Grocery Shopping 101: Eggs
I’ve been working on some new stuff for my Smart Shopping courses, and since Easter is around the corner, I thought I would take a closer look at eggs, and see if I can’t help make sense of all the label terms out there when it comes to buying eggs.
During the months the Farmer’s Market is open, there are a couple of vendors that bring farm fresh eggs, but you usually have to get there pretty early to get those. But most people aren’t lucky enough to be able to get to the Farmers Market or otherwise have access to such fresh eggs, so they rely on their local grocery store, or maybe a local co-op or Whole Foods. And when you check them out, you can sometimes find quite a variety of eggs, all making some sort of claim. So hopefully this will help you sort through some of the gobbledy-gook.
Commercial White Eggs
First up, the vast majority of eggs sold come from “concentrated animal feeding operation” (CAFO), or what’s commonly called a factory farm, where thousands of birds are kept in one building and there may be up to four birds per 16-inch cage. Economically, this is what gives us eggs that cost under $2 per dozen. Many stores carry nothing but eggs from such producers. These chickens are typically fed grain, soy, and possibly animal by-products, including other chicken parts. The manure and other waste generated on these farms can be a huge problem.
Now let’s take a quick look at some of the other phrases you’ll maybe find on a package of eggs. These terms all have specific standards that have to be met for the producer to use them, but as you’ll see… some sound better than they may actually be.
Free Range: When you hear “free range”, it likely conjures up images of chickens pecking away at the ground as they roam about the farm. Yes, the smaller, local farmer likely does let the chickens actually roam about, but in most cases the reality is that free range chickens live indoors.
According to the regulations for use of the term, chickens only need to be allowed “access” to the outdoors in order to be called “free range”. It may be just one small door and a small outdoor area for thousands of chickens. And the reality is, the chickens are so used to being inside that they don’t actually break their routine in order to explore outside. And the USDA recommends just 1-1/2 square feet of space per chicken, so while these chickens may get some exercise… the conditions are only slightly better than your typical CAFO farm.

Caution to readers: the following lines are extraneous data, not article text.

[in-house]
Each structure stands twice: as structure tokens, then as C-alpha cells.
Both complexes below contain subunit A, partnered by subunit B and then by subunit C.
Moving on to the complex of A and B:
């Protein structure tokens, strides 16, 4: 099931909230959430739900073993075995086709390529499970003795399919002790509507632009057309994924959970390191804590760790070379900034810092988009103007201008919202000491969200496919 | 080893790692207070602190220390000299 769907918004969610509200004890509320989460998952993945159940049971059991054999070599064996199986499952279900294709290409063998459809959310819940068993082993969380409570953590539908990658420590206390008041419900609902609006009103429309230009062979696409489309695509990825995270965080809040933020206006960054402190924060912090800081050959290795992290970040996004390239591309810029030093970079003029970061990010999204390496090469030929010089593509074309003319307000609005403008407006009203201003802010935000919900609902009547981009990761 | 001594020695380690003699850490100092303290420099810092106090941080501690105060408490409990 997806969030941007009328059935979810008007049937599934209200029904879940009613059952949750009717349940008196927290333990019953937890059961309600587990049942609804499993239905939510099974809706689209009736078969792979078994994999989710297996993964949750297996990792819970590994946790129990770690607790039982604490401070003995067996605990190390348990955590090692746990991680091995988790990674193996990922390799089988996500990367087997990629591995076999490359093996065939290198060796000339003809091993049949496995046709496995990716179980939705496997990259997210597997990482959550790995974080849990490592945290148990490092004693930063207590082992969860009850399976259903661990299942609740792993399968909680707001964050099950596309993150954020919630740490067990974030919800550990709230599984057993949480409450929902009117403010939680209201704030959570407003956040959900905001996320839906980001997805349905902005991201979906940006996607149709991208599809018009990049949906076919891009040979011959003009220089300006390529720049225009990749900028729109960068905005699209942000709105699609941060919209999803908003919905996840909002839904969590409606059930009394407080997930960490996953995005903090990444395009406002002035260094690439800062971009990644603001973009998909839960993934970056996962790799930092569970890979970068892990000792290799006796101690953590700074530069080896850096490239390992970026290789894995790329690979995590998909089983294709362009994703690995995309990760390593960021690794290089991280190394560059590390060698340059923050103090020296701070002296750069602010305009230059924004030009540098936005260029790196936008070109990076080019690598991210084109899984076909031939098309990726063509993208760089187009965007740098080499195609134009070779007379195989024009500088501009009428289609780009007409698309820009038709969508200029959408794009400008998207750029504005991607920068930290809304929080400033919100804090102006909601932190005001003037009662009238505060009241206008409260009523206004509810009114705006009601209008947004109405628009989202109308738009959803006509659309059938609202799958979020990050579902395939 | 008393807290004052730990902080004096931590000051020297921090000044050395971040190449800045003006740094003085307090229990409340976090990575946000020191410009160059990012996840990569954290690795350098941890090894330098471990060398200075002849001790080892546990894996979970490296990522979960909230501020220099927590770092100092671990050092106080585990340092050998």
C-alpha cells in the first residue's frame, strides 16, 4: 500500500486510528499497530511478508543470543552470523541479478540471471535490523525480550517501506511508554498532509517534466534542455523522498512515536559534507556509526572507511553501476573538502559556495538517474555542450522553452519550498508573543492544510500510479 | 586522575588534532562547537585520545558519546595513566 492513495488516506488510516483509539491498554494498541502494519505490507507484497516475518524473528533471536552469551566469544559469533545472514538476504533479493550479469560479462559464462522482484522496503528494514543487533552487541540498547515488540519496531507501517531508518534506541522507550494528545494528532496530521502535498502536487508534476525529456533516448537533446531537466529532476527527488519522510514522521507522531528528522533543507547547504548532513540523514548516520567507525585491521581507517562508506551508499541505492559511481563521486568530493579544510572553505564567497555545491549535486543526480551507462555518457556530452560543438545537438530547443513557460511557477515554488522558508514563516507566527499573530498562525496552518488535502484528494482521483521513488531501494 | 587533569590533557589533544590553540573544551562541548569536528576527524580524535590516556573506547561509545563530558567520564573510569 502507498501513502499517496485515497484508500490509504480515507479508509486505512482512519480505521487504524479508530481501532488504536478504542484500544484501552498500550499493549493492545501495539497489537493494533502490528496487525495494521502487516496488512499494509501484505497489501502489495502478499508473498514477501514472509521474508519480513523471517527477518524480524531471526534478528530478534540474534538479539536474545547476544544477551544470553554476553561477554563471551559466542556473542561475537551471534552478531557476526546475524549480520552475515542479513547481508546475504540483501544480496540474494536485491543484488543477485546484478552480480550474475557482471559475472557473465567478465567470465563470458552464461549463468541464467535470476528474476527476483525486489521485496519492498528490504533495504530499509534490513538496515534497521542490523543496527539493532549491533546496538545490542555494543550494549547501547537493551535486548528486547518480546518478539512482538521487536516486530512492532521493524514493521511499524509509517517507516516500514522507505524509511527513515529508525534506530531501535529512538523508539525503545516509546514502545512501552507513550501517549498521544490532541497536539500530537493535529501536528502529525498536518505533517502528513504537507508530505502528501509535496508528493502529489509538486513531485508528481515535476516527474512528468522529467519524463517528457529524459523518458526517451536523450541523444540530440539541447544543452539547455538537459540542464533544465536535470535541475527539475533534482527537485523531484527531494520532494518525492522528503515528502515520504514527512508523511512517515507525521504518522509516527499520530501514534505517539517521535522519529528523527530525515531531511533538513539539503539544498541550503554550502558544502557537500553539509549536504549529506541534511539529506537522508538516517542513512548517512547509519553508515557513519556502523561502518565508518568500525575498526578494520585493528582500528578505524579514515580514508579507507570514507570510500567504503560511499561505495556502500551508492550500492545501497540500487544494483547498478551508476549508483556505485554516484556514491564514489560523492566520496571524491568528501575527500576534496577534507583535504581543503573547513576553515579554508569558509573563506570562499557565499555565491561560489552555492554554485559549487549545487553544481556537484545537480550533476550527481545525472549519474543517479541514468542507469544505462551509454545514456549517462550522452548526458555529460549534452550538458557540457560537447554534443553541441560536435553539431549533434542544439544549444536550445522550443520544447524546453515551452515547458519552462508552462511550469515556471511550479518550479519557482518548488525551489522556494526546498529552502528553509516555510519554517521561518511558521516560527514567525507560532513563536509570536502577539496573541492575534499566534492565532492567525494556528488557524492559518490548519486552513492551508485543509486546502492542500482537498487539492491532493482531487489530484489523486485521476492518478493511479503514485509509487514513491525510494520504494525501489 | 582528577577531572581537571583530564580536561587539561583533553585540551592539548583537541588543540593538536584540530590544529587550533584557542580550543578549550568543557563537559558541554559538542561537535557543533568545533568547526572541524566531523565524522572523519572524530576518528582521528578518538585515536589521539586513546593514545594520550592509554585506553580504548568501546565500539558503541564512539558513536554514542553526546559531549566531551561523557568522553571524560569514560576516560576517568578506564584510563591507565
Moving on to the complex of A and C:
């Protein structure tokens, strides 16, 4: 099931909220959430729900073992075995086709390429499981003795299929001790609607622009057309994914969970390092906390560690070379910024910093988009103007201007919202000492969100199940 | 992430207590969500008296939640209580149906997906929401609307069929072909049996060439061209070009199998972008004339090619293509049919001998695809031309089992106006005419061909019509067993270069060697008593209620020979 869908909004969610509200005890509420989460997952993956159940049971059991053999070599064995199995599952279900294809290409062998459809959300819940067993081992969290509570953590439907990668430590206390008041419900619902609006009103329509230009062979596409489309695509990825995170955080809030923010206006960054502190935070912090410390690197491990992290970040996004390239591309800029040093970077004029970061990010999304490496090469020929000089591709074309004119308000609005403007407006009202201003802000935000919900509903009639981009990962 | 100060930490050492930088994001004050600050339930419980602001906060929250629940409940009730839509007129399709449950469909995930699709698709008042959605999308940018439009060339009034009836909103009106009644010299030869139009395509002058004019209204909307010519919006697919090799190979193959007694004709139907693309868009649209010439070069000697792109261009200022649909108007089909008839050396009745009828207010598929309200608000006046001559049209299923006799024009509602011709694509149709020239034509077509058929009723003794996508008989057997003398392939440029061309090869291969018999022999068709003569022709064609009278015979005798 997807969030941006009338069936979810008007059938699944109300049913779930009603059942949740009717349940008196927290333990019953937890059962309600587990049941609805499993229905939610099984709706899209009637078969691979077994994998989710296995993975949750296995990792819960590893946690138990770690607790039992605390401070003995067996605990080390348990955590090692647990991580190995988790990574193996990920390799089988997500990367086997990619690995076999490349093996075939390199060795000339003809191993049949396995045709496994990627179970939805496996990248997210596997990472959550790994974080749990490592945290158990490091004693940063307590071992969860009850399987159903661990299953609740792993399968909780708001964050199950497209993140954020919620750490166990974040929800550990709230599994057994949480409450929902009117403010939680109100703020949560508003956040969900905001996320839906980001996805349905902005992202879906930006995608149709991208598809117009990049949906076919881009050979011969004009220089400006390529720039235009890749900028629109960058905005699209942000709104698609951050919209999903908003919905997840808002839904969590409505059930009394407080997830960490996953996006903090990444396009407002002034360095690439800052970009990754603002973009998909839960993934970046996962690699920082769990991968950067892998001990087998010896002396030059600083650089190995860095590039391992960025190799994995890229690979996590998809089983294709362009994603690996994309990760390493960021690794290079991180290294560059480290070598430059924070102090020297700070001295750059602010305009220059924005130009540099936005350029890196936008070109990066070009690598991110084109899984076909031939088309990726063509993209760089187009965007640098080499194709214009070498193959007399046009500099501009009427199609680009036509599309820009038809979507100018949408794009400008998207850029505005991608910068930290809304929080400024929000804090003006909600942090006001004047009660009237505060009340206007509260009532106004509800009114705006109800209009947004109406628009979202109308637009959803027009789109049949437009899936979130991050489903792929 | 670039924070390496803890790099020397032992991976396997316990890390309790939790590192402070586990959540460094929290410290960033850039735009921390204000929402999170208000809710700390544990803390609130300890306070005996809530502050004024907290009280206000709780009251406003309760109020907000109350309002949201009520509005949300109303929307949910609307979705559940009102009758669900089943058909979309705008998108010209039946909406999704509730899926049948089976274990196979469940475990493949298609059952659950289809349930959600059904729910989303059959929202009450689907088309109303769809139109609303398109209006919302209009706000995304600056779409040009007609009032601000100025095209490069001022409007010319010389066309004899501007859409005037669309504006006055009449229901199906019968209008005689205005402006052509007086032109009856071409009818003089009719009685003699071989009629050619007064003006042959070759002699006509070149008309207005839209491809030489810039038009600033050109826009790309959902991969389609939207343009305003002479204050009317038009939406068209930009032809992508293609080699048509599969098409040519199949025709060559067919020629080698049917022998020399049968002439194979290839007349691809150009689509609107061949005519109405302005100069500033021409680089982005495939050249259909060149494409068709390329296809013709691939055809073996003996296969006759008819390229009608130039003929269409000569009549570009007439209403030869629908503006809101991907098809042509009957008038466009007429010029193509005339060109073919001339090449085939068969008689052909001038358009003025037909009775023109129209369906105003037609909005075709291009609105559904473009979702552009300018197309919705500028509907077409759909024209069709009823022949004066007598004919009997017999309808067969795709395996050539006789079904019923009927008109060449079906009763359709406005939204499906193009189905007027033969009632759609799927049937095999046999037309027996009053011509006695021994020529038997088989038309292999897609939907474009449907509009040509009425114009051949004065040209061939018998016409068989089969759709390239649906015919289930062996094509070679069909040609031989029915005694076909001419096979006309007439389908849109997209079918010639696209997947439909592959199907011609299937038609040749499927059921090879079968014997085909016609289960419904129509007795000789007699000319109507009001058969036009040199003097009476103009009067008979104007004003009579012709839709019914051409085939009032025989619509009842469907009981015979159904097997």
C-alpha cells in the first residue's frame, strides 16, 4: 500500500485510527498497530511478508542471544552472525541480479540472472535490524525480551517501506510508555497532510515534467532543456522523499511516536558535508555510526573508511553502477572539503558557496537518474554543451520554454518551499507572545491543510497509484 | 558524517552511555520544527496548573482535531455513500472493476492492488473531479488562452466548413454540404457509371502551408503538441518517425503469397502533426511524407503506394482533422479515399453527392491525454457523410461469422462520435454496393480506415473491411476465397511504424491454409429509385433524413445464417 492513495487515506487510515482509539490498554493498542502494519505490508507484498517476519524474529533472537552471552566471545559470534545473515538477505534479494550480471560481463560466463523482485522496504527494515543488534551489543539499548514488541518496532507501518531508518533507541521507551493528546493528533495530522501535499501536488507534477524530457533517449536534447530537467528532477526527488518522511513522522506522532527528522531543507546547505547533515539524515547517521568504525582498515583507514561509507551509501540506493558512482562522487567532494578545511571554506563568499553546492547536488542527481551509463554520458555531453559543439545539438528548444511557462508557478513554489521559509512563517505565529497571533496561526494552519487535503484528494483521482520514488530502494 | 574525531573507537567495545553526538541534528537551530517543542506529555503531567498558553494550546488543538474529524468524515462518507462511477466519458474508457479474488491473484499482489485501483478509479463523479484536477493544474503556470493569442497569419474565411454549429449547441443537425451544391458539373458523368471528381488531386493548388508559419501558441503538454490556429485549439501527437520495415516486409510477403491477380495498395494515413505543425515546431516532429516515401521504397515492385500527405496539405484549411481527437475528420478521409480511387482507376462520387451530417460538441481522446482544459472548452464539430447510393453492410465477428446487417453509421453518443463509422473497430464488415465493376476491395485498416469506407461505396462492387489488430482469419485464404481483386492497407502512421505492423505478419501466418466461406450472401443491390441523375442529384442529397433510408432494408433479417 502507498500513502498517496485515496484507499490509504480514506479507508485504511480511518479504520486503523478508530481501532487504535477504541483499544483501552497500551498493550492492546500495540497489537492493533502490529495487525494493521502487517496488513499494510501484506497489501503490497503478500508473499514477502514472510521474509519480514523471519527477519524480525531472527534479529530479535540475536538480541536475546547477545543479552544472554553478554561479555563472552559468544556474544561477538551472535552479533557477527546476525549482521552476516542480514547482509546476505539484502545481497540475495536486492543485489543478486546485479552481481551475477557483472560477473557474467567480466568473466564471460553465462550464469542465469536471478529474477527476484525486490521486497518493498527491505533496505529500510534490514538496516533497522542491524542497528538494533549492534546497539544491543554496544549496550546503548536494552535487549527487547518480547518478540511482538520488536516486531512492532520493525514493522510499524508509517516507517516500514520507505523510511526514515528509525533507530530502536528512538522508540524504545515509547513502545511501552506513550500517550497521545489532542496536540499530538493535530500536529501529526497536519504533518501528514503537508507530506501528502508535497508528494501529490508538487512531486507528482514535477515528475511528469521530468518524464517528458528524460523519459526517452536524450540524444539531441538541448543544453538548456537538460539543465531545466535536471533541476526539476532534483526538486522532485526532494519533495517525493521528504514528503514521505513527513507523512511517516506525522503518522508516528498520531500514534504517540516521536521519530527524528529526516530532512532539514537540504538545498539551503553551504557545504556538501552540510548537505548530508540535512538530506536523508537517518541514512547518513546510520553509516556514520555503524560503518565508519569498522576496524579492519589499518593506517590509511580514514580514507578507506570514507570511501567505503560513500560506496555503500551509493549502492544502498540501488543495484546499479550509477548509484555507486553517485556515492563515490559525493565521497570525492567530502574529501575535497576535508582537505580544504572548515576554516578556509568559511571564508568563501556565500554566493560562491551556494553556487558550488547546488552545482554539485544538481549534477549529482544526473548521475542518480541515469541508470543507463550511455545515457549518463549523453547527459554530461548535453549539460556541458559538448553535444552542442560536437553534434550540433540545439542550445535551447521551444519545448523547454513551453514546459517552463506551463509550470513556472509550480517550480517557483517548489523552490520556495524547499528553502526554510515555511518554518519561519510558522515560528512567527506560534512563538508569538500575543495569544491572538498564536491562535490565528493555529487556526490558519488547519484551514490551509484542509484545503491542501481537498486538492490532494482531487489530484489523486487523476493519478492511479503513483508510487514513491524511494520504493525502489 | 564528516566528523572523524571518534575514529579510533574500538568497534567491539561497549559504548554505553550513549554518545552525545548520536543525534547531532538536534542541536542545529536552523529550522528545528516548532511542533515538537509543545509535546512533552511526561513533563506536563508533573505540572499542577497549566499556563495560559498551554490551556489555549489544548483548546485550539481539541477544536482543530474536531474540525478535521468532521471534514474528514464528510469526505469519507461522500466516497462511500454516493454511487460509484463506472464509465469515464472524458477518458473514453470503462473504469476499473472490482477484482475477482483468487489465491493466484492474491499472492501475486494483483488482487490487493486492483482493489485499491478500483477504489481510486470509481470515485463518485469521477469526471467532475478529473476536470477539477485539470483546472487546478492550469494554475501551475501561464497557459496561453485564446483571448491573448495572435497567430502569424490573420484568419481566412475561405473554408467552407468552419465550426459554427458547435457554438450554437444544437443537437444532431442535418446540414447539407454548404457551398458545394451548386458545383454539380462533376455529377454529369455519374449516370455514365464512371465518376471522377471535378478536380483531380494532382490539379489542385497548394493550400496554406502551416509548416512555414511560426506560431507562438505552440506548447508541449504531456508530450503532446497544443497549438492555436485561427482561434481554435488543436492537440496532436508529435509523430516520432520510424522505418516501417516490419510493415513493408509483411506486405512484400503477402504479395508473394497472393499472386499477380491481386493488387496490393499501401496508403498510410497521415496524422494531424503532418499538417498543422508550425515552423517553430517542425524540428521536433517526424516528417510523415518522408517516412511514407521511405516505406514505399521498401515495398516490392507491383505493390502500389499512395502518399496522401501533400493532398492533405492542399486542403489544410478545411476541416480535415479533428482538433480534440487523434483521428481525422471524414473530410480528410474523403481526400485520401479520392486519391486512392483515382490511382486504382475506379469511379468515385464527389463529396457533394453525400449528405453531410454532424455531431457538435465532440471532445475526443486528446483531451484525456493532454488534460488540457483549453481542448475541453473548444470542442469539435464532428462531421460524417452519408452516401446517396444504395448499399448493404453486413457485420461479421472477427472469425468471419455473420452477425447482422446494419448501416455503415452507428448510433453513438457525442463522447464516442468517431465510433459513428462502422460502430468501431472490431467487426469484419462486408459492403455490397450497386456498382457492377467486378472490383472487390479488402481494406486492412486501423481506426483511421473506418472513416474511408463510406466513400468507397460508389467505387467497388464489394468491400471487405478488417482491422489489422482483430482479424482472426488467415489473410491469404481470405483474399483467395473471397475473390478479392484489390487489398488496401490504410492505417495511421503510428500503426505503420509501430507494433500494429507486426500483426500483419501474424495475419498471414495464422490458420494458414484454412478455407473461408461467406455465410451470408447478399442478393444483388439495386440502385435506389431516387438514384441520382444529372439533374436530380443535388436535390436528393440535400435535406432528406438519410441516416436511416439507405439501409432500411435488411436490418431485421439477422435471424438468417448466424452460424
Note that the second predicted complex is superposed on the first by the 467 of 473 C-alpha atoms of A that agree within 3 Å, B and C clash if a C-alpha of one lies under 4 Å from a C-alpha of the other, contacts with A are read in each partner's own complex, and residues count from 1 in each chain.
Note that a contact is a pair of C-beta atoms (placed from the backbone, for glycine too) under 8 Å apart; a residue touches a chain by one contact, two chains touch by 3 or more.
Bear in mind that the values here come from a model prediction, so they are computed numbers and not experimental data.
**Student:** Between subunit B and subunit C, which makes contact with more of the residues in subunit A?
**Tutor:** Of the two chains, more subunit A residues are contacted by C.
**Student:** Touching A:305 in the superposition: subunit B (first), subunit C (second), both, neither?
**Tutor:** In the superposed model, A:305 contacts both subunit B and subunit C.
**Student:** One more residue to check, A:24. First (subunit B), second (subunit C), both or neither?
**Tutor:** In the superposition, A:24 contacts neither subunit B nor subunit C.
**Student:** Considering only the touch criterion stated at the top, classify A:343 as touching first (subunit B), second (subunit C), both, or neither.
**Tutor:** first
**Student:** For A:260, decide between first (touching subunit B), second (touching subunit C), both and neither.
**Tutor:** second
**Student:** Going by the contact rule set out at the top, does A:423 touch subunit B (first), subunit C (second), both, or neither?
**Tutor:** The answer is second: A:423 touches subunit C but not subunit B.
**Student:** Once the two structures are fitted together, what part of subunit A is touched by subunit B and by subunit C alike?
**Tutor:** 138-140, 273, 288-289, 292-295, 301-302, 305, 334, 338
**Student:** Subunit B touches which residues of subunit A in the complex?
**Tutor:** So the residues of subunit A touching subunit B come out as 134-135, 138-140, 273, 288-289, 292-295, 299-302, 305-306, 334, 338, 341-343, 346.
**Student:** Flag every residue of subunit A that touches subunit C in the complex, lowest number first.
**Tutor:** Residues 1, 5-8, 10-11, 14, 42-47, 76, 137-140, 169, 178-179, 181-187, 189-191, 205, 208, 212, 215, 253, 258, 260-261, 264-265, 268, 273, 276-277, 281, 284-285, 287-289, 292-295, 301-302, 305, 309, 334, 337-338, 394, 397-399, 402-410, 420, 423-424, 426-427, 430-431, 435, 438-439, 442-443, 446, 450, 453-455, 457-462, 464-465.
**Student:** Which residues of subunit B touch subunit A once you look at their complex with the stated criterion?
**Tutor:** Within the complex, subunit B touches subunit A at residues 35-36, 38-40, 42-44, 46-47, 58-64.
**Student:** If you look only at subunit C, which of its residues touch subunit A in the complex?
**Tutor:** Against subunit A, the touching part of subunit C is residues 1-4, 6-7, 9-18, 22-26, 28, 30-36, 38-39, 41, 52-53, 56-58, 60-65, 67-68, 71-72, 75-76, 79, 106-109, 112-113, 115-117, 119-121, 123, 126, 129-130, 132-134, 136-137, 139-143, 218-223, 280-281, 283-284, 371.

Cage Free: “Cage free” simply means just that. They are not kept in a cage. It has nothing to do with access to outside, in fact it’s likely they have no access or they would use the term “free range”.
Grain-Fed: This is another health-washing term. It sounds great to us, but when it comes to chickens doesn’t mean squat. It’s good for chickens to eat bugs and grubs, it add to the nutritional quality of the eggs they lay.
Added Omega 3s: This has nothing to do with the living conditions of the chickens. It simply means they’re fed extra flax seed or maybe fish-meal (both rich in omega-3s) as a way to beef up the level of omega-3s in the eggs they lay, making them seem healthier. I say seem because it typically only boosts just one part of the omega-3s, the ALA. While your body can convert ALA into the EPA and DHA it prefers… it’s not a very efficient process. This is really not much more than a gimmick to try and get you to pay a premium costs based on the latest buzz-words. You’re better off getting the omega-3s your body needs by incorporating chia, flax, and/or fish into your regular diet.
UEP Certified: UEP is the United Egg Producers. It’s an industry group that sets some basic standards outside of government oversight, and really doesn’t mean much. It’s a voluntary program and many CAFO farms are certified.